A couple of days ago at our school’s Spring lectures, I was relating to the guest lecturer some of the work that my Greek Ex. students were doing thanks to the new phenomenon of easily accessible ancient textual witnesses in high def. It is impossible to overstate what this means to textual/biblical studies. His response—“With greater opportunity comes greater responsibility.”—Tom Nettles
As an expert in church history, particularly Baptist history, his words were weighty, and I felt this weight—he has spent thousands of hours evaluating this issue. I then paraphrased as best I could the following quote from Luther, which is in the introduction section of the Hebrew grammar book I use. Luther states,
“Though the faith and the Gospel may be proclaimed by simple preachers without the languages, such preaching is flat and tame, men grow at last wearied and disgusted and it falls to the ground. But when the preacher is versed in the languages, his discourse has freshness and force, the whole of Scripture is treated, and faith finds itself constantly renewed by a continual variety of words and works.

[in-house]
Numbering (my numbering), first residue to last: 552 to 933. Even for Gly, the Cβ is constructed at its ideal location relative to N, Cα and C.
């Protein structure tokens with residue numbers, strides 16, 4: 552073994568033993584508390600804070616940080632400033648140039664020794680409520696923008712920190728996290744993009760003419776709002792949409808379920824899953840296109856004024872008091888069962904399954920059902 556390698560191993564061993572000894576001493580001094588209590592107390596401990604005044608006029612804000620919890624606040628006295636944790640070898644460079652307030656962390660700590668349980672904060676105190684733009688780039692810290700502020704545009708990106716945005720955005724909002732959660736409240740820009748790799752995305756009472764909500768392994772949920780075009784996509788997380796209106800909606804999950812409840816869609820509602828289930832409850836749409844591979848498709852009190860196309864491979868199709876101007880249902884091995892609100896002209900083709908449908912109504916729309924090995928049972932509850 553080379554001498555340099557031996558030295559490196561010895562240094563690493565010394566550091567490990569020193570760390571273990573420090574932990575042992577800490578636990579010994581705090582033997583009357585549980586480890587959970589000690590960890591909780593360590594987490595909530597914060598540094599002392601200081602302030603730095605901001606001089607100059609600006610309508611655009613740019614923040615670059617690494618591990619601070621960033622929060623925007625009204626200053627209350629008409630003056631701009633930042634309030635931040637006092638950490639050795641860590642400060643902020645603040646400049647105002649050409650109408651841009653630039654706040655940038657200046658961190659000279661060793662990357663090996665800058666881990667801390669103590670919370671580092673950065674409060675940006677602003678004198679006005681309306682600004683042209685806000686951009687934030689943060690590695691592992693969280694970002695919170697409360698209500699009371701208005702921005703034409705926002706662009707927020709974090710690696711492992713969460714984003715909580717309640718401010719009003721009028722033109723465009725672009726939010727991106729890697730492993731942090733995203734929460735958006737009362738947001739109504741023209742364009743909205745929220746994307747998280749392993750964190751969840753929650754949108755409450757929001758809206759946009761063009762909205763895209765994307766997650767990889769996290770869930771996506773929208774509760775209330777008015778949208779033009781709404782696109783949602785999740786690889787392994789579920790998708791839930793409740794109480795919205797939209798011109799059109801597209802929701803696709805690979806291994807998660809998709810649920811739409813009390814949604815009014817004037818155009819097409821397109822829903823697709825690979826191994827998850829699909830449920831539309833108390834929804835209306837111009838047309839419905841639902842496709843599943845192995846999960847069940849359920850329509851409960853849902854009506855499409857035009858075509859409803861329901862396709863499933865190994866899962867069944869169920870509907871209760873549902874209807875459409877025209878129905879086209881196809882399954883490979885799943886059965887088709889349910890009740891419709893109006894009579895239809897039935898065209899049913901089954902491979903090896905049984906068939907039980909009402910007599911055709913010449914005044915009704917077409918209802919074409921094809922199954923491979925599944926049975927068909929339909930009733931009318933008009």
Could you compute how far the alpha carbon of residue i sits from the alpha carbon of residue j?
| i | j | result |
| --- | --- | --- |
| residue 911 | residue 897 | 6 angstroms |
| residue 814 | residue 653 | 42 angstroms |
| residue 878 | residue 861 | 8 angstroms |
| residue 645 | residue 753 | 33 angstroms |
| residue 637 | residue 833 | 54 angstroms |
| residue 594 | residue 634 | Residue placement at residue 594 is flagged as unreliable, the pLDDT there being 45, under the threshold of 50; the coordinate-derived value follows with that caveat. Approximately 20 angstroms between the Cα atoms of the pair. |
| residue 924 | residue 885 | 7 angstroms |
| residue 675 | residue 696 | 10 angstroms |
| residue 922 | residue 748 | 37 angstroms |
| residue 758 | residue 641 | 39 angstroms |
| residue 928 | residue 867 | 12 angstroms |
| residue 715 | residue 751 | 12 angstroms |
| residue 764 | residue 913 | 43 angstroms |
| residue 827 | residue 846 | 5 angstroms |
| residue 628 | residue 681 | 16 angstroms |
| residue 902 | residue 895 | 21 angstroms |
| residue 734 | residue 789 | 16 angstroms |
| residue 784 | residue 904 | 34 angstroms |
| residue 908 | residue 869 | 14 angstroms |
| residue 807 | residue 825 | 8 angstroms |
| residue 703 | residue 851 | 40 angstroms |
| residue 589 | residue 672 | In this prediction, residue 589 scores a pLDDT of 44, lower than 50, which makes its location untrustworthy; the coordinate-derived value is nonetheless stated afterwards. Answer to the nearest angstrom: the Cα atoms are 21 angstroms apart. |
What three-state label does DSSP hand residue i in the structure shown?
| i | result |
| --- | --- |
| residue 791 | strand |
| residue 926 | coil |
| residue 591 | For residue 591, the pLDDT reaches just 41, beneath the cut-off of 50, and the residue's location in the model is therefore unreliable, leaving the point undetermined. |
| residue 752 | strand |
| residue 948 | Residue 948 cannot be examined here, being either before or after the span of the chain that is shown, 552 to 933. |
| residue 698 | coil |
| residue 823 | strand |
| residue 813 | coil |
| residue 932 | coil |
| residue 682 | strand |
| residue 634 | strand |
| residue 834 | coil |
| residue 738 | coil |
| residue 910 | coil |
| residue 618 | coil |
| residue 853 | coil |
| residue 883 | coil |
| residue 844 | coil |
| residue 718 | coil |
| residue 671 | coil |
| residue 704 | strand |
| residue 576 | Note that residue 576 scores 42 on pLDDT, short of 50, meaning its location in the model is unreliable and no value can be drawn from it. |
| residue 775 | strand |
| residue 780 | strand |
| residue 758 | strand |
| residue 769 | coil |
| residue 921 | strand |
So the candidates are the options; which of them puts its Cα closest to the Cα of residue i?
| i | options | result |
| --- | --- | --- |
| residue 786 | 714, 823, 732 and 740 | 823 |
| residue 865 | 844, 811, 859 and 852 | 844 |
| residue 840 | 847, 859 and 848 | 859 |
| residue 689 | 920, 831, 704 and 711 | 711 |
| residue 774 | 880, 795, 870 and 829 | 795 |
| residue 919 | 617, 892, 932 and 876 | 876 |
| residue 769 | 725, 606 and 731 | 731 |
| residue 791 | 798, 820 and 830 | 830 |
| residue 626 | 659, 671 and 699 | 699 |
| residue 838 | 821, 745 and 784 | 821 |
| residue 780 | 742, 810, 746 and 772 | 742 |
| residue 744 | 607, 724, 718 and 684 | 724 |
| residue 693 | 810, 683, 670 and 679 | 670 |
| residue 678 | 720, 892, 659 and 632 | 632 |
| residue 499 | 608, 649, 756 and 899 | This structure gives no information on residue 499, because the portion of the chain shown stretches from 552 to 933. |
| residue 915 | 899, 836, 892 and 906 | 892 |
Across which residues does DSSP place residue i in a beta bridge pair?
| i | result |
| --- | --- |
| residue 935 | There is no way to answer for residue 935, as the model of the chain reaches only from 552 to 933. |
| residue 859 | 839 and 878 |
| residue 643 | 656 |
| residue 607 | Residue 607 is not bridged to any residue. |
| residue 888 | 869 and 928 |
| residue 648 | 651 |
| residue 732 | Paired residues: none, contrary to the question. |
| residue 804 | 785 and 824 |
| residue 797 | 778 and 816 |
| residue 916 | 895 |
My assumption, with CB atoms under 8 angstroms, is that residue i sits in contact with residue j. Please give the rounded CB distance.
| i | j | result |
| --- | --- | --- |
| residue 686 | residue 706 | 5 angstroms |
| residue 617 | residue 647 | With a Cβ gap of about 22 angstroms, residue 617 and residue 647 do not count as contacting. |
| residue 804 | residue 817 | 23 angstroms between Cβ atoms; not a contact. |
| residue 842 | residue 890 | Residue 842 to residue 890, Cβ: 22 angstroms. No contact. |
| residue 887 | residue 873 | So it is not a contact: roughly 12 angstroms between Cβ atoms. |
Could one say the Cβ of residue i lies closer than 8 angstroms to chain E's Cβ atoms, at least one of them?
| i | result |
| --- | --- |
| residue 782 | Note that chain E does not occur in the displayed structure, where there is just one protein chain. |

It is a sin and shame not to know our own book or to understand the speech and words of our God; it is a still greater sin and loss that we do not study languages, especially in these days when God is offering and giving us men and books and every facility and inducement to this study, and desires his Bible to be an open book” (_A Grammar for Biblical Hebrew_, p. 12).
Brothers, how great must be the urgency for us—His Gospel witnesses—not to be content with the novelty of what God has given us. We must employ these new tools, in these last days, to press home the truth of God’s Word in the expansion of His Kingdom. Let me implore you, do not be content with idle talk about God’s Word; and whatever you do, do not use it as a means of self-promotion. Rather—preach it!